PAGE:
Don’t worry too much if you don’t have anything that meets the criteria of the dress code. You can cover up with a sarong or scarf before you enter. If you don’t have something that you can use, there are people at the entrance that rent covers for around 5 RM (1.20 US$).

Also, remember those 272 bright and colourful steps? Make sure you wear comfy shoes to help you manage them and remember to remove them when prompted to in certain parts inside the temple.

RELATED READ: Kuala Lumpur: 10 Most Instagrammable Spots

Monkey business

Two mischievous macaque monkeys laze on the colourful steps of the Batu Caves.
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Be prepared to make some new friends on your adventures to the Batu Caves, as you’ll find the area surrounded by ‘mischievous’ macaque monkeys. I know what you’re thinking, aww cute, Monkeys!, but think less Curious George and more Donkey Kong on this one! The monkeys here are pretty fearless with humans, after all, you’ve come to visit them on THEIR turf. Keep your valuables out of sight as they’re known to grab and dash with your wallet, sunglasses, phone, keys… I think you get my gist. Just keep a good hold on the things you want to keep! And make sure you don’t feed the monkeys unless you want to pestered for your entire visit!

Rock climbing at Batu Caves

A man in a yellow shirt is rock climbing a steep wall.
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If you’re feeling adventurous, you’ll be happy to find out that the area around the caves and the limestone hills can be climbed. The area is called Gua Damai and it is said to be the best rock climbing experience in Southeast Asia!

There are more than 150 routes to choose from, rated from 5A to 8A+ and you can find something for any skill level. No need to be a pro, you can simply do some hiking or bouldering if you want to. I recommend this Guided Gua Damai Rock Climbing & Batu Caves Visit.

Packing list for Batu Caves, Malaysia

Don’t forget to bring:

BONUS #1: My best tips for visiting Batu Caves

Melissa and Guga with the golden statue behind while visiting batu caves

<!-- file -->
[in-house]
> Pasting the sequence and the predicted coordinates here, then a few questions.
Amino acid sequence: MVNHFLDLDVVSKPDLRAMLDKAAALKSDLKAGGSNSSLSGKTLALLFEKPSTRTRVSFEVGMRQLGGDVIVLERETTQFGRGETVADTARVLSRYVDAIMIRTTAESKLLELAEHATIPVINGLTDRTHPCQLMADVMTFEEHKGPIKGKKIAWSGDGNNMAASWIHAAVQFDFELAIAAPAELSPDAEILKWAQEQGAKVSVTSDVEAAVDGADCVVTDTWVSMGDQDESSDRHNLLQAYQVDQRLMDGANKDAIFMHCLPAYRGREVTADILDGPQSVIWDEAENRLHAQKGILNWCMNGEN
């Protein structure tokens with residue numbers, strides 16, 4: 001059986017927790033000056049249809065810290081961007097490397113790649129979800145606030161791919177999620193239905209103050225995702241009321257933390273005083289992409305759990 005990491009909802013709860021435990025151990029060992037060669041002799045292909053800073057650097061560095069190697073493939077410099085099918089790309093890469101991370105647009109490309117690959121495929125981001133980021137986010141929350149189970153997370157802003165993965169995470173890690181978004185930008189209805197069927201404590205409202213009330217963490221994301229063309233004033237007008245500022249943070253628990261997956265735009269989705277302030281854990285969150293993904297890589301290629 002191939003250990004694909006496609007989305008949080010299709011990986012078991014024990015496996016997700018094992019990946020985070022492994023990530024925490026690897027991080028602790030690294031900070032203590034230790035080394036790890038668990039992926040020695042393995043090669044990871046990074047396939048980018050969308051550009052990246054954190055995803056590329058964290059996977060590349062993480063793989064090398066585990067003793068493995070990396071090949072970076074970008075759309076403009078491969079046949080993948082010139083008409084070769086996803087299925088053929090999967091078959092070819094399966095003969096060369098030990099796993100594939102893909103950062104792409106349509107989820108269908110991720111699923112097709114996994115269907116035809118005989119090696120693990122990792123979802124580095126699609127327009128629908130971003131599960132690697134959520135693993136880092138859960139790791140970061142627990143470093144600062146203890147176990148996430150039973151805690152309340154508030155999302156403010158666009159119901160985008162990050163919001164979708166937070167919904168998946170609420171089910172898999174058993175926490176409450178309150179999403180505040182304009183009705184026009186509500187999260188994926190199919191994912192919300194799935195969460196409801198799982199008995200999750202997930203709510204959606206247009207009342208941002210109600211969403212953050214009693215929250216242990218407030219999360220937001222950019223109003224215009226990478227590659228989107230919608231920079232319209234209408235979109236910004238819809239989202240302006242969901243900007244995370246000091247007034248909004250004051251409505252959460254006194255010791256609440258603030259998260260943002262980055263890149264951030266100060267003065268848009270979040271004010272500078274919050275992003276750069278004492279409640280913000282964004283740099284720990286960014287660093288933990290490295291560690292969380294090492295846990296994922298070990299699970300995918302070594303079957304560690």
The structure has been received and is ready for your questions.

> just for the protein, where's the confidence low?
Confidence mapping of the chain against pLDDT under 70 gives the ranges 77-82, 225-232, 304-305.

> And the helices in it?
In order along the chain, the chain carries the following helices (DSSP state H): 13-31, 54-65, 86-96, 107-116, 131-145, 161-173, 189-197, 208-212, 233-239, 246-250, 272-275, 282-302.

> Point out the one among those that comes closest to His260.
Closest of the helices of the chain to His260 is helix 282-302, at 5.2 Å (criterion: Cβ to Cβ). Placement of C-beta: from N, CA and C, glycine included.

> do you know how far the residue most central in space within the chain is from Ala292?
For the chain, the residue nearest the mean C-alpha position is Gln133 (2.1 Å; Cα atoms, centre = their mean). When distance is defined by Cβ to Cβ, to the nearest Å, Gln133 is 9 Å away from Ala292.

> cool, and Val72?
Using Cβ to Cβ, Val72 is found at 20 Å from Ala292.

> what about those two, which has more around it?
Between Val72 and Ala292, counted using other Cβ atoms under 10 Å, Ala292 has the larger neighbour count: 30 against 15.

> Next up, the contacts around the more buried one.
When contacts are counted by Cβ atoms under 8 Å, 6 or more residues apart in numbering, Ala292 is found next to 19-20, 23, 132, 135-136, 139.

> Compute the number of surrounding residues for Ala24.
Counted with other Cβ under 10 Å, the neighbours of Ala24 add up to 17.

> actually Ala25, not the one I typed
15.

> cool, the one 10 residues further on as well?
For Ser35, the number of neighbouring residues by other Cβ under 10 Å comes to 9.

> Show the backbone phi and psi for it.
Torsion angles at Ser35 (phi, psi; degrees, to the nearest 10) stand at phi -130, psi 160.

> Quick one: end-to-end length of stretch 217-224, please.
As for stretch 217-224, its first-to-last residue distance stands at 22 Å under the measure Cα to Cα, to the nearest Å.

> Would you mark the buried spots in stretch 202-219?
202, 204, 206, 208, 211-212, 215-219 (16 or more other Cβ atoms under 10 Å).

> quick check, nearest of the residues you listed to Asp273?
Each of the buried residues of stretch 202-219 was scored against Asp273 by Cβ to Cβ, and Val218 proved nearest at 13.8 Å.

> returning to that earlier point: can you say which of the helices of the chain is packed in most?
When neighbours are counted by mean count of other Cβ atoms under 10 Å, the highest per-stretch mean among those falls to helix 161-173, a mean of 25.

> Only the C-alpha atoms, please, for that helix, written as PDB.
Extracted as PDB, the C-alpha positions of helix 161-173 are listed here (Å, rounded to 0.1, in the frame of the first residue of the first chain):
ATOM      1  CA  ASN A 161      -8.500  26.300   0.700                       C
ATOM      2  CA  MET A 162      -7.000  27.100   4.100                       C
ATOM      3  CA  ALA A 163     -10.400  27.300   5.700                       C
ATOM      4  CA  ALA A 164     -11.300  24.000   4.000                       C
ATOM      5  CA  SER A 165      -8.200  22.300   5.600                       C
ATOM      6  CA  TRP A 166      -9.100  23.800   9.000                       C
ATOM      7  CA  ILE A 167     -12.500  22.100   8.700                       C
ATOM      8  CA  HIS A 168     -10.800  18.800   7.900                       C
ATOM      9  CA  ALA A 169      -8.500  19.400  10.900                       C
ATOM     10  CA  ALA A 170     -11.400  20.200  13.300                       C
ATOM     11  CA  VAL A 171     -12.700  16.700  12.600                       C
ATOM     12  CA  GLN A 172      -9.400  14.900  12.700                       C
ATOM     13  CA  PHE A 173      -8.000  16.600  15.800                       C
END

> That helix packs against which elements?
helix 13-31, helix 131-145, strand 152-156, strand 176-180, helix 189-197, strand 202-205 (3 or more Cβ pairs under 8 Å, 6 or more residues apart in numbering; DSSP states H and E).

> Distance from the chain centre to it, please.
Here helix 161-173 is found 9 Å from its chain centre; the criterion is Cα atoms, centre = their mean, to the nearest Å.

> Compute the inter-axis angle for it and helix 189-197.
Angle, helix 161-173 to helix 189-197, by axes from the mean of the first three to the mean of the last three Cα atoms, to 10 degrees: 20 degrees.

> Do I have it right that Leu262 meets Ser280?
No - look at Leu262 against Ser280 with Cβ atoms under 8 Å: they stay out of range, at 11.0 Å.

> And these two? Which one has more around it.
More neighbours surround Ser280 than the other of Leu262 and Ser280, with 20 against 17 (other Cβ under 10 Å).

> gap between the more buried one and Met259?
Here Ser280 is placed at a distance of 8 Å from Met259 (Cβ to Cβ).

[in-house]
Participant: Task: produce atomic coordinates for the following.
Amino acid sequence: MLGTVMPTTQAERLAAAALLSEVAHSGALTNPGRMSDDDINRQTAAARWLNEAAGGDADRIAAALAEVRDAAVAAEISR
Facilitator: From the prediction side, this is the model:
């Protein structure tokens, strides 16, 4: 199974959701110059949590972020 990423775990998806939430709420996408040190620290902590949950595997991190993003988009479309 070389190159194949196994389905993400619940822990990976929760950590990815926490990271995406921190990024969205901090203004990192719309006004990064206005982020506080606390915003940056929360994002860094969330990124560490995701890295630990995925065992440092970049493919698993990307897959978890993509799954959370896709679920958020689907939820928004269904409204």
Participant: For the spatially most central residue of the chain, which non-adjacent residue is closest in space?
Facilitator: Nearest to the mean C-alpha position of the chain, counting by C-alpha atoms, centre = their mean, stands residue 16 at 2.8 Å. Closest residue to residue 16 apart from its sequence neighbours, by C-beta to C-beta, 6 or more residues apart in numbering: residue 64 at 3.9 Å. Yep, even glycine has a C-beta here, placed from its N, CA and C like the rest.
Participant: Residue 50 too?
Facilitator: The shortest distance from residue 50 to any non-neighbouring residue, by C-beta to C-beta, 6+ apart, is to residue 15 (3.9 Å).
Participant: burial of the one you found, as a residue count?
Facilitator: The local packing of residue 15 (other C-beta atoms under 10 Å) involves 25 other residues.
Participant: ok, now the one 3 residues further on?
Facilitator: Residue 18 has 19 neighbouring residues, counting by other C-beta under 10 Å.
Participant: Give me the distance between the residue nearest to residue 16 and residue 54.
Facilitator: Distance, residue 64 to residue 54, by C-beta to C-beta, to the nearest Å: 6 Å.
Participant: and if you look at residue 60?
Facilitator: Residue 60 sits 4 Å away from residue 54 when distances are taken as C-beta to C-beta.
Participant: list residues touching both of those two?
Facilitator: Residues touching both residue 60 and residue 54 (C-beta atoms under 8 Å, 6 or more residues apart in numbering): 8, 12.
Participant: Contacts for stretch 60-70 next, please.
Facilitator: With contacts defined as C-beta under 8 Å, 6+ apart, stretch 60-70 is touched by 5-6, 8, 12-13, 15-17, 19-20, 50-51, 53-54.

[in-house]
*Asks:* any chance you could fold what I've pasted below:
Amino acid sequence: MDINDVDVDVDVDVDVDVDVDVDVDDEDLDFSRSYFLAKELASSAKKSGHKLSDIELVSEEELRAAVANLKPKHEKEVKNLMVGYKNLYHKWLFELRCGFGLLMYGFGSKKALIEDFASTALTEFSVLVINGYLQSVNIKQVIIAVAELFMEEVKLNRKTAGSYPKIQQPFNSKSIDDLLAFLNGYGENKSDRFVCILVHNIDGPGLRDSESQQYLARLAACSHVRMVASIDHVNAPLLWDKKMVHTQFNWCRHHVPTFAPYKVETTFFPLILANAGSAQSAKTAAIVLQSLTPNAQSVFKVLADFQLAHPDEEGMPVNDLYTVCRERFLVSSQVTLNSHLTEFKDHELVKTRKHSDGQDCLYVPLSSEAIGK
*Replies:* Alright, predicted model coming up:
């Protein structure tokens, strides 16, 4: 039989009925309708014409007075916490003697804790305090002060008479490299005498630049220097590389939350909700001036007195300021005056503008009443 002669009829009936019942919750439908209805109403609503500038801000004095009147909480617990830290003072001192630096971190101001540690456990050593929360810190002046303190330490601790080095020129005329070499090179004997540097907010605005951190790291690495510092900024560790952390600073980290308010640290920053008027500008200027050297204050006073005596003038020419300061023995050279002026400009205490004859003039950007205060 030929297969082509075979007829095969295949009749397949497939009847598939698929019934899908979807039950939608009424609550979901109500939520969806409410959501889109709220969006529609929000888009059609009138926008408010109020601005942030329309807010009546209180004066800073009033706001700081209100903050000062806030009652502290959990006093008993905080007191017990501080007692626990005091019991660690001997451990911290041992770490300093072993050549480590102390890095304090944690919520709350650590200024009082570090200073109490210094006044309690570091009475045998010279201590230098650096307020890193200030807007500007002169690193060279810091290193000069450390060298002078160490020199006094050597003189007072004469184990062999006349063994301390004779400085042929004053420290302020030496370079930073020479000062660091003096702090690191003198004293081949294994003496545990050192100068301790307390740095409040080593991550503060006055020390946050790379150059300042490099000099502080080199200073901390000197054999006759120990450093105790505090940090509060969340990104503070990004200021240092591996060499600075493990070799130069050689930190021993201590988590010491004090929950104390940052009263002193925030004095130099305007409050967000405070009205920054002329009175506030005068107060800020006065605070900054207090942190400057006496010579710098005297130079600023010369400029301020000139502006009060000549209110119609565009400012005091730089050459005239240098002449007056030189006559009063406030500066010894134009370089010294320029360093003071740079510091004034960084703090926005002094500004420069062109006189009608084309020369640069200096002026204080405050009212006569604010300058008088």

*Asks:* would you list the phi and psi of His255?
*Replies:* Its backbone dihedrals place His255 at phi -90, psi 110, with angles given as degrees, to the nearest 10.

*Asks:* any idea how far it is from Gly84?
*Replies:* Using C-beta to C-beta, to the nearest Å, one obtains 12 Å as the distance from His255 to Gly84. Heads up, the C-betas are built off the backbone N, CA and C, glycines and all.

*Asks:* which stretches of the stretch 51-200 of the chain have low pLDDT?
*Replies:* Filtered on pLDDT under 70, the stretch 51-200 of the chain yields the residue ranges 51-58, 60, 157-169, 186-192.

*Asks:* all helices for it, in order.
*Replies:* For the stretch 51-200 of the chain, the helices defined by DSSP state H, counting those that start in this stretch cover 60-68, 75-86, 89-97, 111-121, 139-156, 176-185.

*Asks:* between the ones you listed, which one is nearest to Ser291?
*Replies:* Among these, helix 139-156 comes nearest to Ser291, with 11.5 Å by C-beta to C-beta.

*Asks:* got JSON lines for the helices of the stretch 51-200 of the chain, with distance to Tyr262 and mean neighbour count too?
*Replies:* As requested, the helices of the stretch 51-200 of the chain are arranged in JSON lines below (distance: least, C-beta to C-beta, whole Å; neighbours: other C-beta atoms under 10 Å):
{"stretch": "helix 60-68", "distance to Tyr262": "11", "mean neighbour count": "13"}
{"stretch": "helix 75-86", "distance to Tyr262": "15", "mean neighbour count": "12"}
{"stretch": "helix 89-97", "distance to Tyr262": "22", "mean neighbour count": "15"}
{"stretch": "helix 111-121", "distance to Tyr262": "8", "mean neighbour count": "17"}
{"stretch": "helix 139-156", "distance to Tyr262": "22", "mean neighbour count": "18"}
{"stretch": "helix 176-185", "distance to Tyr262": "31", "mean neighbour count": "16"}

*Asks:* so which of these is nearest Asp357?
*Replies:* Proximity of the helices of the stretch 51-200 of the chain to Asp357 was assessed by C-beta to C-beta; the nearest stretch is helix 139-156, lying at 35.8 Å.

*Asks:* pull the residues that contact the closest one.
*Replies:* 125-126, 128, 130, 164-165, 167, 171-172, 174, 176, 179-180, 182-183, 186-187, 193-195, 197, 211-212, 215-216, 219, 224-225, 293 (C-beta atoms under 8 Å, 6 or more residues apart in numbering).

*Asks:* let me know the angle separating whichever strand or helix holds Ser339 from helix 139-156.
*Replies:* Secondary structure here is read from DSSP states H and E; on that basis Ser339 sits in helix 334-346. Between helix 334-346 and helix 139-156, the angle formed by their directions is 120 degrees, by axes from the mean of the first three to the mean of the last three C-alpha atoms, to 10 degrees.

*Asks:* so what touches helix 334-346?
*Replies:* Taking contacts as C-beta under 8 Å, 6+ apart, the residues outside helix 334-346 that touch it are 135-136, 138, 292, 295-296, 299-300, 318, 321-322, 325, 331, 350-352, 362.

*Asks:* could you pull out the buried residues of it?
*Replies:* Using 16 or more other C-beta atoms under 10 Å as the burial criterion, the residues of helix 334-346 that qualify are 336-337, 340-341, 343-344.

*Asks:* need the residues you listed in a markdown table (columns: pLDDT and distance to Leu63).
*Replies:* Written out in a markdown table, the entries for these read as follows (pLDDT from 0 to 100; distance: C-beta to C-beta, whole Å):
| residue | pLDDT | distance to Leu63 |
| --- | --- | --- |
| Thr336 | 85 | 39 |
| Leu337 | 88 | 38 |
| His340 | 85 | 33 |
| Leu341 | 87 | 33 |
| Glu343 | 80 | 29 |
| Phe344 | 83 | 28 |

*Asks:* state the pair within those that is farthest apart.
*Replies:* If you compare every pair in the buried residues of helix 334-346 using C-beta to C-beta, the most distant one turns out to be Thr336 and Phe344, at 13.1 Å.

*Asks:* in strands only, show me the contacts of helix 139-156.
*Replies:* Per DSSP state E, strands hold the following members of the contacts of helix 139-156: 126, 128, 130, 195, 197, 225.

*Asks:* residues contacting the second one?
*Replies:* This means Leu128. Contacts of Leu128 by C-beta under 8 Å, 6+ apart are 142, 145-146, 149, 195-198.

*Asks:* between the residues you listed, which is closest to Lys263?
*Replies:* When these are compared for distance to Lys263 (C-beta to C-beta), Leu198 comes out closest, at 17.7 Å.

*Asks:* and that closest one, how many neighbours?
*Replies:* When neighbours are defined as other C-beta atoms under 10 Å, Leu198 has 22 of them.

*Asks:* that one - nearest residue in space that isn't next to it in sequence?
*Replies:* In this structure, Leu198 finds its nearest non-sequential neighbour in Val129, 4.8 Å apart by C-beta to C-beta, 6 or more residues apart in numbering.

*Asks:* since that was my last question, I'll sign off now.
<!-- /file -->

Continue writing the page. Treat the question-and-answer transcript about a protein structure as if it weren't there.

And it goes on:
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Melissa swishes her skirt at the entrance to the rainbow steps of the Batu Caves in Malaysia.
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Of course, I just couldn’t let you leave without sharing some of the most precious tips I found out after going there myself. Sharing is caring!

  • Beware of the monkeys. As I mentioned above, make sure you keep your valuables and any food you may carry out of sight. They can be quite annoying, but they provide awesome photo opportunities;
  • Don’t forget to bring a couple of water bottles with you, so you won’t get dehydrated while climbing the stairs and walking around the temples. It can get hot!
  • Make sure you bring a change of fresh clothes with you, especially if you want to visit the Dark Caves as well. And don’t forget about the dress code for the Hindu temples!
  • If you get hungry, you can get some Indian food at the site from the food stalls at the entrance. They offer pretty okay food for a (still) affordable price – around 30 RM for a meal (4.90 US$);
  • Don’t forget to bring cash for the entrance fees to the various temples!
  • The area is not handicap-friendly because of the stairs, especially if you want to visit the two main temples (and I’m assuming you want to);

RELATED READ: 10 Best Local Foods in Kuala Lumpur

BONUS #2: Recommended camera gear for Batu Caves

Picture of canon camera on a deck in nature.
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The Batu Caves provide amazing photo opportunities. If you want to make the best of them, make sure to pack your best camera and lenses. Here is what we have in our gear:

This was my complete guide for visiting the Batu Caves temple complex!

Get ready to climb the colourful stairs, to see the giant statue of Lord Murugan, the unique Dark Caves and some unique light shows at the most famous Hindu temple complex outside of India. And don’t forget, the Batu Caves are a must for all tourists visiting Kuala Lumpur.

If you need more help in planning your trip and itinerary for Kuala Lumpur or Malaysia, I recommend clicking here to find all my articles and tips about this wonderful country!



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Batu Caves a Complete Guide Kuala Lumpur
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    Melissa smiling with the golden statue and the rainbow stairs at the Batu Caves behind her
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    I’m a travel enthusiast, content creator and sun seeker extraordinaire! I love a good matcha latte, am obsessed with hats and like to give human names to the stray animals that I befriend on my travels ( I’m talking about you, Lesley!) In 2018 I took the leap and switched my London lifestyle for continuous adventures abroad.